Reviewing Art & Arcana: A Visual History

I didn’t know what to expect when I got my copy of Art & Arcana. I guess I expected an art book, which A&A technically qualifies as, but it’s also a lot more than that. I want to call it a history book but even that, while technically accurate, doesn’t feel right. Art and Arcana tells a story. It’s a story that most of us are at least a little familiar with, the story of how Dungeons and Dragons evolved into what it is today. I don’t want to go into too much detail about the specific contents of the book, but I do want to look at some elements of A&A and how they shine.

Detect Magic

The First Chapter

I want to start by talking about the overall presentation of Art & Arcana, which is really cool. The chapters are named after spells from the game and the chapters are all broken up into smaller sections to make it easily digestible. With a tome this thick and dense it could have been a very dense, intimidating read but instead it’s easy to pick up and read, either straight from start to finish or one section at a time.  This is such a big deal because books like these are so often dense and difficult to just pick up and read and usually end up just sitting on the coffee table before being rotated back to the bookshelf to remain forever, but Art and Arcana is a book to be read and very likely reread multiple times.

Tower

An ad for Tower of Doom, a D&D Arcade Beat’em’up

Art and Arcana provides a thorough and well written history of the development of Dungeons and Dragons throughout the ages, and the editions.  The creation and evolution of the world’s oldest RPG is told in narrative format and it pulls you into the journey of the game’s development and evolution.  Along the way I learned about other parts of the Dungeons and Dragons legend such as Gygax’s early attempts to break into Hollywood and the stories behind the animated series, short-lived or ill-fated board games, the history of fantasy miniatures, and other exciting tidbits of gaming history that don’t fall directly in line with the progression from Original to Fifth Edition.

 

Painting

The cover of Dragon Magazine #65, by Clyde Caldwell

Finally I want to talk about the art. I feel like this is what most people are going to buy the book for and even if all you want is an art book then Art and Arcana is definitely worth its price. I saved this part for last though because it’s the easiest part to write.  The art in this book is awesome, and I don’t just mean the full page paintings but also the sketches and magazine covers and old advertisements. This book really walks you down memory lane with its pictures and really brought me back to the days even before I actually played D&D and would just look at promotional material and dream of the adventures that the game could take me on.  This book is a treasure trove of nostalgia and beautiful artwork that I know I’ll keep going back to, probably for my whole life.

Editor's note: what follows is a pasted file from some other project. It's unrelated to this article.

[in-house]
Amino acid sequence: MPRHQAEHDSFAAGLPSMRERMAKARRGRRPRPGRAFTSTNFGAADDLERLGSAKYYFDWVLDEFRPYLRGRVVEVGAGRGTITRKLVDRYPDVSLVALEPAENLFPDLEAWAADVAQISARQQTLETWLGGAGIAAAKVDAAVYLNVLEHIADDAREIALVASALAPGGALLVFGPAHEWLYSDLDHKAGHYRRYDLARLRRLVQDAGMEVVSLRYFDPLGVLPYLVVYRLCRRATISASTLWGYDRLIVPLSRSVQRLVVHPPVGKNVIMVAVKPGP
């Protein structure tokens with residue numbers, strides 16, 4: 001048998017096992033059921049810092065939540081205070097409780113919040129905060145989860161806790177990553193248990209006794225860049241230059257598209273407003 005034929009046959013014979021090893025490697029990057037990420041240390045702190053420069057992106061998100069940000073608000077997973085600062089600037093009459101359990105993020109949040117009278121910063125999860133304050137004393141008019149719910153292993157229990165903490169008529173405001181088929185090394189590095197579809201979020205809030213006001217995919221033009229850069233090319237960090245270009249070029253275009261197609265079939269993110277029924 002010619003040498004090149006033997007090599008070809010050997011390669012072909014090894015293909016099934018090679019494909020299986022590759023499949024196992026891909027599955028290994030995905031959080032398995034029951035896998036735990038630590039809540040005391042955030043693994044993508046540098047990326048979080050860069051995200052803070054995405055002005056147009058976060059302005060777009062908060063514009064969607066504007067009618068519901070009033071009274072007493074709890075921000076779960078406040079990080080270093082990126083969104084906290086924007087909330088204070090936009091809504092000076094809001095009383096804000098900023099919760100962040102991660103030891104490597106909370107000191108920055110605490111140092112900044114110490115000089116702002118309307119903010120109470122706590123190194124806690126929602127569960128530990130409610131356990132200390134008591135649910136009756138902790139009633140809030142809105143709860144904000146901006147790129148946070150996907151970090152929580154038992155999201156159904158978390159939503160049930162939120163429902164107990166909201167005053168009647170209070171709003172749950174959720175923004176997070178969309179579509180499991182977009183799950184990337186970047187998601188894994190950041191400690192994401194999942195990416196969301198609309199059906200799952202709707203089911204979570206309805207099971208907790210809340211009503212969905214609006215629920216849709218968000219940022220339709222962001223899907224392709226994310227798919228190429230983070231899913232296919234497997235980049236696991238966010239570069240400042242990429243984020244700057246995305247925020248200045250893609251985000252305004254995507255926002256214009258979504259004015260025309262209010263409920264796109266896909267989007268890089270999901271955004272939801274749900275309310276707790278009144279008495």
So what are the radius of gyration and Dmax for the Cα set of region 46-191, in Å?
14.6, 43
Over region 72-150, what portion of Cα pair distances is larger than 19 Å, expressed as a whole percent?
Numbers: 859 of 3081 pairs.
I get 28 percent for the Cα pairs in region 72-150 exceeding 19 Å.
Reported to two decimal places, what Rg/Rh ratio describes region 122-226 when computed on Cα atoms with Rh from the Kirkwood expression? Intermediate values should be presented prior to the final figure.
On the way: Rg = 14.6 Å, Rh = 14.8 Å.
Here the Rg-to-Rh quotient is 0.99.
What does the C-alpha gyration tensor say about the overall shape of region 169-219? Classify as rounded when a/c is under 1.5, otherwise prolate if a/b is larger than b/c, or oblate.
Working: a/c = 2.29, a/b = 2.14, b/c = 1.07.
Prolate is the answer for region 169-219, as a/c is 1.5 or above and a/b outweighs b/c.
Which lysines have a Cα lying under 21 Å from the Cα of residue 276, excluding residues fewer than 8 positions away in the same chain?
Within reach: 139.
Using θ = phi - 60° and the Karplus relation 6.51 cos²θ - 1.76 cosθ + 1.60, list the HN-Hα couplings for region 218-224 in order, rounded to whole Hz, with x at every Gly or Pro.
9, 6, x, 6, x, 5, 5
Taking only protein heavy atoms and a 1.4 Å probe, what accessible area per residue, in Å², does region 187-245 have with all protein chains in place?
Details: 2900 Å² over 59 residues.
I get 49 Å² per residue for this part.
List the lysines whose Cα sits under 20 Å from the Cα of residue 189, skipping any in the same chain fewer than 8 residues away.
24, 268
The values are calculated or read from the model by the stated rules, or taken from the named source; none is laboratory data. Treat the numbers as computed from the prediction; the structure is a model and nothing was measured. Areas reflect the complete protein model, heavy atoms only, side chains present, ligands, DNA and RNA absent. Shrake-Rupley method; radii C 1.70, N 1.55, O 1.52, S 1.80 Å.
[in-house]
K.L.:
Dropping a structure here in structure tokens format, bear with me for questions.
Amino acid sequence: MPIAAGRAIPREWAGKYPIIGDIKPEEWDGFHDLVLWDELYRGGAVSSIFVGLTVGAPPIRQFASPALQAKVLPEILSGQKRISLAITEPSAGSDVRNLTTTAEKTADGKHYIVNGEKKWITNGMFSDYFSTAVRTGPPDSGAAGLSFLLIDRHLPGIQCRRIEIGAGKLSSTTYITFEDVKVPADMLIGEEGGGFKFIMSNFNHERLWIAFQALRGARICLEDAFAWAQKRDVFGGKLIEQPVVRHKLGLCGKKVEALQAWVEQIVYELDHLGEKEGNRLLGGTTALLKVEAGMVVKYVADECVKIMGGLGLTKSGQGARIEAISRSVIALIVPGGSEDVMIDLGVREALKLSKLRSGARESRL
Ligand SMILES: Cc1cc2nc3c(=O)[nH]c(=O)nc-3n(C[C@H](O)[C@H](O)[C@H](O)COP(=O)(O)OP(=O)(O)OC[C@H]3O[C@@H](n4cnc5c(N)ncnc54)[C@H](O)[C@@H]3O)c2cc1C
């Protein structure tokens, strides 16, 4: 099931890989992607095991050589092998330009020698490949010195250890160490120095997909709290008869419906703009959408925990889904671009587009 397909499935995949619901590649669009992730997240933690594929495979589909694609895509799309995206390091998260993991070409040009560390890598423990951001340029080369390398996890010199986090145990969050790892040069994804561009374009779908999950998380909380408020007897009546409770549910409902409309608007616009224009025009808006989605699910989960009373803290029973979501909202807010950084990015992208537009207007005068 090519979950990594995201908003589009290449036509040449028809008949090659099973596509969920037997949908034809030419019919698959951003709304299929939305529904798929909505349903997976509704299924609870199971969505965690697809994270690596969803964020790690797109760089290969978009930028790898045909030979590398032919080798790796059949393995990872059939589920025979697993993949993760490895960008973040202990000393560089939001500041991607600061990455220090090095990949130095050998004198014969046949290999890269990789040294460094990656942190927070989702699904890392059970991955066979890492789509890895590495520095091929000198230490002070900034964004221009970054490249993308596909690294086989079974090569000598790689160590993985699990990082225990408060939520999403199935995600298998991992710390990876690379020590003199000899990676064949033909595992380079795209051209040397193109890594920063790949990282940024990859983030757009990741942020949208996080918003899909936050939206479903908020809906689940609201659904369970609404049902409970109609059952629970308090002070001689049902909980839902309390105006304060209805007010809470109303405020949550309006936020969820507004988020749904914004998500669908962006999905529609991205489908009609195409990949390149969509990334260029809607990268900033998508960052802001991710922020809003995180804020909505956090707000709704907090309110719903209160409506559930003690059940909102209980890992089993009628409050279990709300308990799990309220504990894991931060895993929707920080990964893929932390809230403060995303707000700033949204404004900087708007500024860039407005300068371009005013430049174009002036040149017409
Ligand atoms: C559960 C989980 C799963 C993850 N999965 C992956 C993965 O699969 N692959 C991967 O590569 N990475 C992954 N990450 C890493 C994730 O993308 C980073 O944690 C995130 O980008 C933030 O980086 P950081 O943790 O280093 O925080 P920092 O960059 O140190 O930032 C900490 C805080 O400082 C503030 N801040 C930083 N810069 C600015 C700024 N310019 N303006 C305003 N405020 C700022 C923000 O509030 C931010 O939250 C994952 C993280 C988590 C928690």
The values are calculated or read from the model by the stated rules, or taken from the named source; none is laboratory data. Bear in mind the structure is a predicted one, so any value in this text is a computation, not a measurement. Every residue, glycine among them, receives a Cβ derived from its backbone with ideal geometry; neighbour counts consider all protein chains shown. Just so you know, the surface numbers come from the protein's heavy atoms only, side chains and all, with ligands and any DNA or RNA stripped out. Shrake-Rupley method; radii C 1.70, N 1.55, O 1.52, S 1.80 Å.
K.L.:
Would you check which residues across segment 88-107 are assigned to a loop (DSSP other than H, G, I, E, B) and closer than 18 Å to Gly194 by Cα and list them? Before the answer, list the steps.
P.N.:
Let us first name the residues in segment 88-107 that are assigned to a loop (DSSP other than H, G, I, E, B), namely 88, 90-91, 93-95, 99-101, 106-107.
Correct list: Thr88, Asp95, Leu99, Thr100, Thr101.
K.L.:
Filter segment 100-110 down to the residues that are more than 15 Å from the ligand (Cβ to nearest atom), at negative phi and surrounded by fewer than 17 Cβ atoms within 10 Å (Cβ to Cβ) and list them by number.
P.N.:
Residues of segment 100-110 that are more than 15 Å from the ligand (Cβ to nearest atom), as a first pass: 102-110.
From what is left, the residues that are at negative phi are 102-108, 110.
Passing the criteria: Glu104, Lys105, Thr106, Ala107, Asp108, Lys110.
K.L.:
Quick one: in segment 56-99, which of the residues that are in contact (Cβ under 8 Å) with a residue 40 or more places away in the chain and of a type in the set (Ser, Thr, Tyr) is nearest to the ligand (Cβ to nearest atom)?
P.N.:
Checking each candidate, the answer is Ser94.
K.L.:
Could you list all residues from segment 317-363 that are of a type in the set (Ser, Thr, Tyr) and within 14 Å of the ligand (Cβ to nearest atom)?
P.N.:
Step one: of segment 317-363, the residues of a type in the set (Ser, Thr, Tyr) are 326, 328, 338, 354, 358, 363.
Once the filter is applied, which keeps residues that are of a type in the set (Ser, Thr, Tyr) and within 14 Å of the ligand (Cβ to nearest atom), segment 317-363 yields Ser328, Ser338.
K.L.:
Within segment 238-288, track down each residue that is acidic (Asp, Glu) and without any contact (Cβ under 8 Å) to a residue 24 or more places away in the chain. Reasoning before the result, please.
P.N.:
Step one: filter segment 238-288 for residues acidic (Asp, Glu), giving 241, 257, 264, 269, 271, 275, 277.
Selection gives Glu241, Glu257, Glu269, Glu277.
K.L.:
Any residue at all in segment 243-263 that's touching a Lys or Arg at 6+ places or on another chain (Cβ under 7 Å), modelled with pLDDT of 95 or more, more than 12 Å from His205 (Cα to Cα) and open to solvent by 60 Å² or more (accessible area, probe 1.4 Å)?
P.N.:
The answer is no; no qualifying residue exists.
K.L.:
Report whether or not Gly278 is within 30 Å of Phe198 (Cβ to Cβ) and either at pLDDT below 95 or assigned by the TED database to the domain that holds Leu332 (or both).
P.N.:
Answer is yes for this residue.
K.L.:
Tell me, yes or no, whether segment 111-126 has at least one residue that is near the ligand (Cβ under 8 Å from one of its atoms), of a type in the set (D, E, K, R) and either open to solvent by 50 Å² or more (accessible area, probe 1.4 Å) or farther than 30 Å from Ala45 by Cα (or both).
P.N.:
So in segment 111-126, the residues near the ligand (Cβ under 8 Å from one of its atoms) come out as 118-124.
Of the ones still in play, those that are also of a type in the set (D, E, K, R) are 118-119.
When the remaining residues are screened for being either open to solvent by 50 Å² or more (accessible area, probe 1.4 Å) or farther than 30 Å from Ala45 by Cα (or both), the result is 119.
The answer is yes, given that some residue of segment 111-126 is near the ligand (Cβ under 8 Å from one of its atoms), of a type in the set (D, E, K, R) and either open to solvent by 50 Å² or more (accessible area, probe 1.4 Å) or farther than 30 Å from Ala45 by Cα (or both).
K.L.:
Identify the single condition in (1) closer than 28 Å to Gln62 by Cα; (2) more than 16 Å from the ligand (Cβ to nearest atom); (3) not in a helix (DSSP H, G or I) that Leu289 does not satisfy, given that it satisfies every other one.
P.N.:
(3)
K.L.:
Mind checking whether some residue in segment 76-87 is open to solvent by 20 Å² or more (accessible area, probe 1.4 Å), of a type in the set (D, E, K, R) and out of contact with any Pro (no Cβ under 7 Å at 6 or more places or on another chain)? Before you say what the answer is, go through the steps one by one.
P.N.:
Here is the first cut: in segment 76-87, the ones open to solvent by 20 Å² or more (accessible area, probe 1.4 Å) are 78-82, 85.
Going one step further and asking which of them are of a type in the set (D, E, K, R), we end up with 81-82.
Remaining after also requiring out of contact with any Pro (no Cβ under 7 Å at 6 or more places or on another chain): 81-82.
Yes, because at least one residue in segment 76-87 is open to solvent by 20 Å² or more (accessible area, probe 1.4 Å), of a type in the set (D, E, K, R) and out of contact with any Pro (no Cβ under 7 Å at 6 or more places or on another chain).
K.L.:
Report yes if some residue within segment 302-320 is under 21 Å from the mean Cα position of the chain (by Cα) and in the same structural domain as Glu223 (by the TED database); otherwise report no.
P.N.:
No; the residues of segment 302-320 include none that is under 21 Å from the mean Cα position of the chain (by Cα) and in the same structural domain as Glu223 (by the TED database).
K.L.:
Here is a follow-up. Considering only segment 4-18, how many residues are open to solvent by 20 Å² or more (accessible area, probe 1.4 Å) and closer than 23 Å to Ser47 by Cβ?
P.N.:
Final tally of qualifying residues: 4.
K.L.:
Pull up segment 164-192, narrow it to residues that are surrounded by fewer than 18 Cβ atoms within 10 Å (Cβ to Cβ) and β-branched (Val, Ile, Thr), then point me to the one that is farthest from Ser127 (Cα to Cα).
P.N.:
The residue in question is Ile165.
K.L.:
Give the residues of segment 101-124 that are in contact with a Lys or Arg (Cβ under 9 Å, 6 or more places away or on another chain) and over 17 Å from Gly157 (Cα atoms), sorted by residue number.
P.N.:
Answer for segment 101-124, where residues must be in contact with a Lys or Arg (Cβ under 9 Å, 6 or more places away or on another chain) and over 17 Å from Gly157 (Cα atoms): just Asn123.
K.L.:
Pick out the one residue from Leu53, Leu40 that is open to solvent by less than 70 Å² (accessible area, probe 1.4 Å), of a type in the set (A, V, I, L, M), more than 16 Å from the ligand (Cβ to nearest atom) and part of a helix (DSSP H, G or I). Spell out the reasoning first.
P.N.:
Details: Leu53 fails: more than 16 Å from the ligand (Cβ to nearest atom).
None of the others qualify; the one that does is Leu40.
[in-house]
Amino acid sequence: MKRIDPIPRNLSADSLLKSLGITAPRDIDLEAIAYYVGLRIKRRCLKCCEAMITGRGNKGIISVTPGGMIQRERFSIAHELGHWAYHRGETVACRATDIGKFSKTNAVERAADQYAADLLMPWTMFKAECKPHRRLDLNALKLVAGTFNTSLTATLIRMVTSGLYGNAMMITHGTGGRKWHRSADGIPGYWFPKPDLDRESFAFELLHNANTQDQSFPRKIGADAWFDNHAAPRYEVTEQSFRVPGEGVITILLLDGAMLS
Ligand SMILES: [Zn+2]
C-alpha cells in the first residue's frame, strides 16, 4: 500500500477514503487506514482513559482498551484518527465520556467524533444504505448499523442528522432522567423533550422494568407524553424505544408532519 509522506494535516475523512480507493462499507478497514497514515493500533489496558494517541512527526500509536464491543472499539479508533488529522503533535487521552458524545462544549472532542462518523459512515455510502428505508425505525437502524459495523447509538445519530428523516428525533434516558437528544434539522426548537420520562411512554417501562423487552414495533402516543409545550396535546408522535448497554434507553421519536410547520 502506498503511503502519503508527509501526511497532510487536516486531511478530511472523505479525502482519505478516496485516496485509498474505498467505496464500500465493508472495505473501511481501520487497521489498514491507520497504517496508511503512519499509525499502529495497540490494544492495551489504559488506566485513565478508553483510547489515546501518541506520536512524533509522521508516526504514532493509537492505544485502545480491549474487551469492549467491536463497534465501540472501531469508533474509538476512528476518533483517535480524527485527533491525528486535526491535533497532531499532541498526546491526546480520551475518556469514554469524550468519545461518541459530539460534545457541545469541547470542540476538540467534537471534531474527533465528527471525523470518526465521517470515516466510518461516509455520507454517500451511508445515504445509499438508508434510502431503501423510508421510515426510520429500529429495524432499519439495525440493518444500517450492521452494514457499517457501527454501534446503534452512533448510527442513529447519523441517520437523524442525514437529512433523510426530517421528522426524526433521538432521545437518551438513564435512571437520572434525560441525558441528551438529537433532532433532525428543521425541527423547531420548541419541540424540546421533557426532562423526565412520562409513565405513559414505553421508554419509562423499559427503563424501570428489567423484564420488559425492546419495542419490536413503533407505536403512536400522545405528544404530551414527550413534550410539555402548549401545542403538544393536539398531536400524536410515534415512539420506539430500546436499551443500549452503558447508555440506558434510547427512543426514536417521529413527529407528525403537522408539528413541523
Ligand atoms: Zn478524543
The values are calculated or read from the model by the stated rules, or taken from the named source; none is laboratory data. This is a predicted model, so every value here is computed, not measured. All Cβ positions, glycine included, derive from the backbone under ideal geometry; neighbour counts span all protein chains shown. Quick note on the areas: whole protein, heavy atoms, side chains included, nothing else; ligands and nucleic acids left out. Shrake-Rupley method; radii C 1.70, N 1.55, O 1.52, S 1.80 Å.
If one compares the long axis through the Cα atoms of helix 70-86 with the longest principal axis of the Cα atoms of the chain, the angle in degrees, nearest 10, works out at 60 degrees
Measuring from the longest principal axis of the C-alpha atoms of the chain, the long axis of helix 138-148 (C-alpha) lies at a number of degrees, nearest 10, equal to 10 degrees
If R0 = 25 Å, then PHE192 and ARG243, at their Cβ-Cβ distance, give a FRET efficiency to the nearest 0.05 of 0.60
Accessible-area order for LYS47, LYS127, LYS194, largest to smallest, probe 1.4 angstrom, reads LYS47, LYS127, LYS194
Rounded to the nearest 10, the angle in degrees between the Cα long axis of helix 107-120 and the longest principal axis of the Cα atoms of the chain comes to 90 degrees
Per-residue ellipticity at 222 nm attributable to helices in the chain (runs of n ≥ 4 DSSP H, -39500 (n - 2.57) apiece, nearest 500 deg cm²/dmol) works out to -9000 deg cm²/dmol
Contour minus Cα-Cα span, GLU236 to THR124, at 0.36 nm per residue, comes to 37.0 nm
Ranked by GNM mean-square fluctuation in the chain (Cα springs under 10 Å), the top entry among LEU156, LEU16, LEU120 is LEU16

As I finish my writing I realize that this isn’t really a balanced review. I haven’t said anything bad about the book and honestly that’s because I don’t have anything bad to say. The visuals alone are worth the price point but the lore makes this book a real treasure. Art and Arcana is definitely a worthy addition to any gamer’s collection, whether for the visual inspiration or just as a fun read. Art & Arcana is available on Amazon or at your local book store an I definitely recommend picking it up whenever you get the chance.

Hey! Thank you so much for reading my article!  If you liked my writing, you can check out my archives here!  I’ve also got other reviews! Here’s one I did for an independently published D&D adventure, and here’s one of my attempts at game mechanic design. If neither of those suit your fancy, here’s a list article I did about awesome monsters in the D&D monster manual (and how to use them).

Advertisements

Leave a Reply

Fill in your details below or click an icon to log in:

WordPress.com Logo

You are commenting using your WordPress.com account. Log Out /  Change )

Google photo

You are commenting using your Google account. Log Out /  Change )

Twitter picture

You are commenting using your Twitter account. Log Out /  Change )

Facebook photo

You are commenting using your Facebook account. Log Out /  Change )

Connecting to %s

%d bloggers like this: